"This mode of integration favors a firm grounding in any one system of psychotherapy, but with a willingness to incorporate or assimilate, in a considered fashion, perspectives or practices from other schools" (Messer, 1992, p. 151). Assimilative integration is the fourth route and acknowledges that most psychotherapists select a theoretical orientation that serves as their foundation but, with experience, incorporate ideas and strategies from other sources into their practice. Increasingly, integrationists are acknowledging that most counselors will prefer the security of one foundational theory as they begin the process of integrative exploration. Formal models of assimilative integration have been described based on a psychodynamic foundation (Stricker & Gold, 2005) and based on cognitive-behavioral therapy (Castonguay, Newman, Borkovec, Holtforth, & Maramba, 2005).

Emerging Models that Combine Routes

In addition to well-established approaches that fit into one of four routes, there are newer models that combine aspects of the traditional routes. For example, Hill’s (2004) three-stage model of helping skills encourages counselors to emphasize skills from different theories during different stages of helping. Hill’s model might be considered a combination of theoretical integration and technical eclecticism. Good and Beitman (2006) described an integrative approach highlighting both core components of effective therapy and specific techniques designed to target clients’ particular areas of concern. This approach can be described as an integration of common factors and technical eclecticism. Multitheoretical Psychotherapy (Brooks-Harris, 2008) is a new integrative model that combines elements of technical eclecticism and theoretical integration. Therapists are encouraged to make intentional choices about combining theories and intervention strategies.

References

  • Beutler, L. E., Consoli, A. J. & Lane, G. (2005). Systematic treatment selection and prescriptive psychotherapy: An integrative eclectic approach. In J. C. Norcross & M. R. Goldfried (Eds.), Handbook of Psychotherapy Integration (2nd ed., pp. 121-143). New York: Oxford.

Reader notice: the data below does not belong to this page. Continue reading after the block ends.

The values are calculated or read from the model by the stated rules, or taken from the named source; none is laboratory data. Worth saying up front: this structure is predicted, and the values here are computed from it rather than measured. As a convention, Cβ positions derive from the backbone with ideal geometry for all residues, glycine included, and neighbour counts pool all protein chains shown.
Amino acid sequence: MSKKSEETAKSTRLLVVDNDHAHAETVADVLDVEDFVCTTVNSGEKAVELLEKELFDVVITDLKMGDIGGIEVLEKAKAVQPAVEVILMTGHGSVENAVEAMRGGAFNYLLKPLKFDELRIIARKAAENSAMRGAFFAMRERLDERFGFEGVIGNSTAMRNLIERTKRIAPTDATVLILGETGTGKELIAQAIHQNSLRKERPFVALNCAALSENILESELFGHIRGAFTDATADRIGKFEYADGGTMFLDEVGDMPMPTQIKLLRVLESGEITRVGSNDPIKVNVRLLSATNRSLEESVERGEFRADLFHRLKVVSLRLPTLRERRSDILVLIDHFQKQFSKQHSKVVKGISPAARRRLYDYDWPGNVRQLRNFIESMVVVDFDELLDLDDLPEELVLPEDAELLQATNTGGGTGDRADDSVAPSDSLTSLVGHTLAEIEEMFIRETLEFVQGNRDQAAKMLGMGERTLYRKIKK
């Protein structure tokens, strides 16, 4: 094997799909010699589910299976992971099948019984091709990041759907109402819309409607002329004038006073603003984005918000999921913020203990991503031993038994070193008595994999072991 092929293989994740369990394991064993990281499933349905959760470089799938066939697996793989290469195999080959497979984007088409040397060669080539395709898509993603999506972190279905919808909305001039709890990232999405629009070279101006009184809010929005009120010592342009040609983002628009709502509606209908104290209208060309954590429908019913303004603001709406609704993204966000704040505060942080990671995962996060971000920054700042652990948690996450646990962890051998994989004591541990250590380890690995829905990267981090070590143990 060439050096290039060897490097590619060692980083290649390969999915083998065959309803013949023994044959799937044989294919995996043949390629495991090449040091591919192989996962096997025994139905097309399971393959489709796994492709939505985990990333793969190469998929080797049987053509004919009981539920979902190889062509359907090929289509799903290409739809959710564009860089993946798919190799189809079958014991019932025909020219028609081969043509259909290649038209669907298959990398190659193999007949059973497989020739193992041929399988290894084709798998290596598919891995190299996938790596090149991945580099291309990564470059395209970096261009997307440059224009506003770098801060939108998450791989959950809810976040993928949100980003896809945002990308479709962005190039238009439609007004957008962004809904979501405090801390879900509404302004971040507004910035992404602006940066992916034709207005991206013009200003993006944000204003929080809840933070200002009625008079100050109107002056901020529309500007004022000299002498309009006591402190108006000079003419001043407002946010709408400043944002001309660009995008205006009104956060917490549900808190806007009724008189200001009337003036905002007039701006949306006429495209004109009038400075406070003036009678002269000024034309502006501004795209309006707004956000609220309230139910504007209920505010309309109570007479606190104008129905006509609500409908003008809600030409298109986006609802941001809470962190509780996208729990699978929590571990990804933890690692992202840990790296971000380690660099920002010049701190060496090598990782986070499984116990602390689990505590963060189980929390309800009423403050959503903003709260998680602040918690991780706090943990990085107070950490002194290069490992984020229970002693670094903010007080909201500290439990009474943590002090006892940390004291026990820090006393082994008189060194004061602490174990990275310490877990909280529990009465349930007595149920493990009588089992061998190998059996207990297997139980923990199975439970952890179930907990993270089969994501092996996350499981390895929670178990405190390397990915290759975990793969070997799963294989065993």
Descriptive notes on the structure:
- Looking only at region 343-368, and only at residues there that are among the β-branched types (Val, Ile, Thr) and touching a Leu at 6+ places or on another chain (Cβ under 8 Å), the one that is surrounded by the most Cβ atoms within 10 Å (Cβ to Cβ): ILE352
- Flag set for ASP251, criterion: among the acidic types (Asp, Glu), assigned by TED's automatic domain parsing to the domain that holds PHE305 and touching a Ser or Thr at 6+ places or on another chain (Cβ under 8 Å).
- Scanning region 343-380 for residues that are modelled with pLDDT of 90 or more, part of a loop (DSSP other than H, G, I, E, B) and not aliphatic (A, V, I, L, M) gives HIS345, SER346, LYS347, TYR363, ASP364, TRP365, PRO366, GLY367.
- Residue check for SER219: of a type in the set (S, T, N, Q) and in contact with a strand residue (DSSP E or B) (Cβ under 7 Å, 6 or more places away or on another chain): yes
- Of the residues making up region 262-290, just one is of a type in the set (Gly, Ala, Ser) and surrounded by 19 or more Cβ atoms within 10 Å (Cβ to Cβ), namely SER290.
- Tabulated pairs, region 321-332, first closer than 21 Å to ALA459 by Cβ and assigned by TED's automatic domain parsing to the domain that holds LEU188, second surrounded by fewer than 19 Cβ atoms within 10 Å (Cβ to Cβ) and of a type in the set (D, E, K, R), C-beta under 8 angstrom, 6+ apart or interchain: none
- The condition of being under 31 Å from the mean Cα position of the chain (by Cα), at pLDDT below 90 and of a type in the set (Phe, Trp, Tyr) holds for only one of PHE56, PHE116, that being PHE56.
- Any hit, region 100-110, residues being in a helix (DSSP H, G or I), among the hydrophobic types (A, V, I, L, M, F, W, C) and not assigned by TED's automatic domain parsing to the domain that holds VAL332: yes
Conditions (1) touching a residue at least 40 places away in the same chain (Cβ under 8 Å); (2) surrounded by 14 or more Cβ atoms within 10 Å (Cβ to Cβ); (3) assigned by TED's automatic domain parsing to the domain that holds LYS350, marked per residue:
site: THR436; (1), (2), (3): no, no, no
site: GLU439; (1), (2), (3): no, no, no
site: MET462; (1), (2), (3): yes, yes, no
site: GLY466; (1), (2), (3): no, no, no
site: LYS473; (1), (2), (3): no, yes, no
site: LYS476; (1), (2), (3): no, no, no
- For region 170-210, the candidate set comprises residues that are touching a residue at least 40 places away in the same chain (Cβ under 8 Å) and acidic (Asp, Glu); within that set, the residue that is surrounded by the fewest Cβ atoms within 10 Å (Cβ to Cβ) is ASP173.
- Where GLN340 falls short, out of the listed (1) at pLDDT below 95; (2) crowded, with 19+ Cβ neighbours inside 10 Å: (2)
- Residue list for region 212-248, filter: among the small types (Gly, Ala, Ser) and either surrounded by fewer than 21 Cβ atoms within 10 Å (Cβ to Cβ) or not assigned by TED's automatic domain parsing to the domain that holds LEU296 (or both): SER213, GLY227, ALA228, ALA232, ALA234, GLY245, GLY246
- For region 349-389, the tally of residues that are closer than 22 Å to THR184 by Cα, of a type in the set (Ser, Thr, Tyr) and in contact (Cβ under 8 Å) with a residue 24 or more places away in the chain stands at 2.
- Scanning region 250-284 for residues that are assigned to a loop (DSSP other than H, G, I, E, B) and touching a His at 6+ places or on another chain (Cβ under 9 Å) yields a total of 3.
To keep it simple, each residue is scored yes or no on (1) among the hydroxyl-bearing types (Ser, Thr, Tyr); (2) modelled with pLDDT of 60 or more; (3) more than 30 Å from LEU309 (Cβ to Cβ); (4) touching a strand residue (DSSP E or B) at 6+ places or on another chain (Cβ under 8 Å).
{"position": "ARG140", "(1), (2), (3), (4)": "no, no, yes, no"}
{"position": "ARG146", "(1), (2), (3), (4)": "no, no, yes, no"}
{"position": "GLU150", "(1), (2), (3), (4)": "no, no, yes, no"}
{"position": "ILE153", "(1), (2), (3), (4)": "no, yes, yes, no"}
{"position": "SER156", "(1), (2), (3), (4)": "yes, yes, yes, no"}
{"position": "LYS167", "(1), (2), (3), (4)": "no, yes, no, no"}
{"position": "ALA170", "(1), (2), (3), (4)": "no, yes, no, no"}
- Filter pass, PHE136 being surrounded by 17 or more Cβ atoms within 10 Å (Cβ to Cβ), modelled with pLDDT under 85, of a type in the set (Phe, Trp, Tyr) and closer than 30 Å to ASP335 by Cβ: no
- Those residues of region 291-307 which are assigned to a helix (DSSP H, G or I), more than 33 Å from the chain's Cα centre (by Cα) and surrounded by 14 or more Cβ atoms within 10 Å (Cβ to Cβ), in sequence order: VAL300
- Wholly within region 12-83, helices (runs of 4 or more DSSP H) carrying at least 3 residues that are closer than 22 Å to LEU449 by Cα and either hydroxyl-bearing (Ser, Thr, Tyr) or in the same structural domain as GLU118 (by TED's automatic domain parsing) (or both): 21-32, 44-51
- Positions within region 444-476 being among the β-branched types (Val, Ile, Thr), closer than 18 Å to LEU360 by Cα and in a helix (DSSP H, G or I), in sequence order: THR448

• Brooks-Harris, J. E. (2008). Integrative Multitheoretical Psychotherapy. Boston: Houghton-Mifflin.
  • Castonguay, L. G., Newman, M. G., Borkovec, T. D., Holtforth, M. G. & Maramba, G. G. (2005). Cognitive-behavioral assimilative integration. In J. C. Norcross & M. R. Goldfried (Eds.), Handbook of psychotherapy integration (2nd ed., pp. 241-260). New York: Oxford.
  • Frank, J. D. & Frank, J. B. (1991). Persuasion and healing: A comparative study of psychotherapy (3rd ed.). Baltimore, MD: Johns Hopkins University.
  • Good, G. E. & Beitman, B. D. (2006). Counseling and psychotherapy essentials: Integrating theories, skills, and practices. New York: W. W. Norton.
  • Hill, C. E. (2004). Helping skills: Facilitating exploration, insight, and action (2nd ed.). Washington, DC: American Psychological Association.
  • Lazarus, A. A. (2005). Multimodal therapy. In J. C. Norcross & M. R. Goldfried (Eds.), Handbook of psychotherapy integration (2nd ed., pp. 105-120). New York: Oxford.
  • Messer, S. B. (1992). A critical examination of belief structures in integrative and eclectic psychotherapy. In J. C. Norcross, & M. R. Goldfried, (Eds.), Handbook of psychotherapy integration (pp. 130-165). New York: Basic Books.
  • Miller, S. D., Duncan, B. L., & Hubble, M. A. (2005). Outcome-informed clinical work. In J. C. Norcross, & M. R. Goldfried (Eds.), Handbook of psychotherapy integration (2nd ed., pp. 84-102). New York: Oxford.
  • Norcross, J. C. (2005). A primer on psychotherapy integration. In J. C. Norcross & M. R. Goldfried (Eds.), Handbook of psychotherapy integration (2nd ed., pp. 3-23). New York: Oxford.
  • Norcross, J. C., & Goldfried, M. R. (Eds.). (2005). Handbook of psychotherapy integration (2nd ed.). New York: Oxford.
  • Prochaska, J. O., & DiClemente, C. C. (2005). The transtheoretical approach. In J. C. Norcross & M. R. Goldfried (Eds.), Handbook of psychotherapy integration (2nd ed., pp. 147-171). New York: Oxford.
  • Ryle, A. (2005). Cognitive analytic therapy. In J. C. Norcross & M. R. Goldfried (Eds.), Handbook of psychotherapy integration (2nd ed., pp. 196-217). New York: Oxford.
  • Stricker, G. & Gold, J. (2005). Assimilative psychodynamic psychotherapy. In J. C. Norcross & M. R. Goldfried (Eds.), Handbook of psychotherapy integration (2nd ed., pp. 221-240). New York: Oxford.
  • Wachtel, P. L., Kruk, J. C., & McKinney, M. K. (2005). Cyclical psychodynamics and integrative relational psychotherapy. In J. C. Norcross & M. R. Goldfried (Eds.), Handbook of psychotherapy integration (2nd ed., pp. 172-195). New York: Oxford.
  • Wampold, B. E. (2001). The great psychotherapy debate: Models, methods, and findings. Mahwah, NJ: Lawrence Erlbaum.

See also

 
This article is licensed under the GNU Free Documentation License. It uses material from the Wikipedia article "Integrative_Psychotherapy". A list of authors is available in Wikipedia.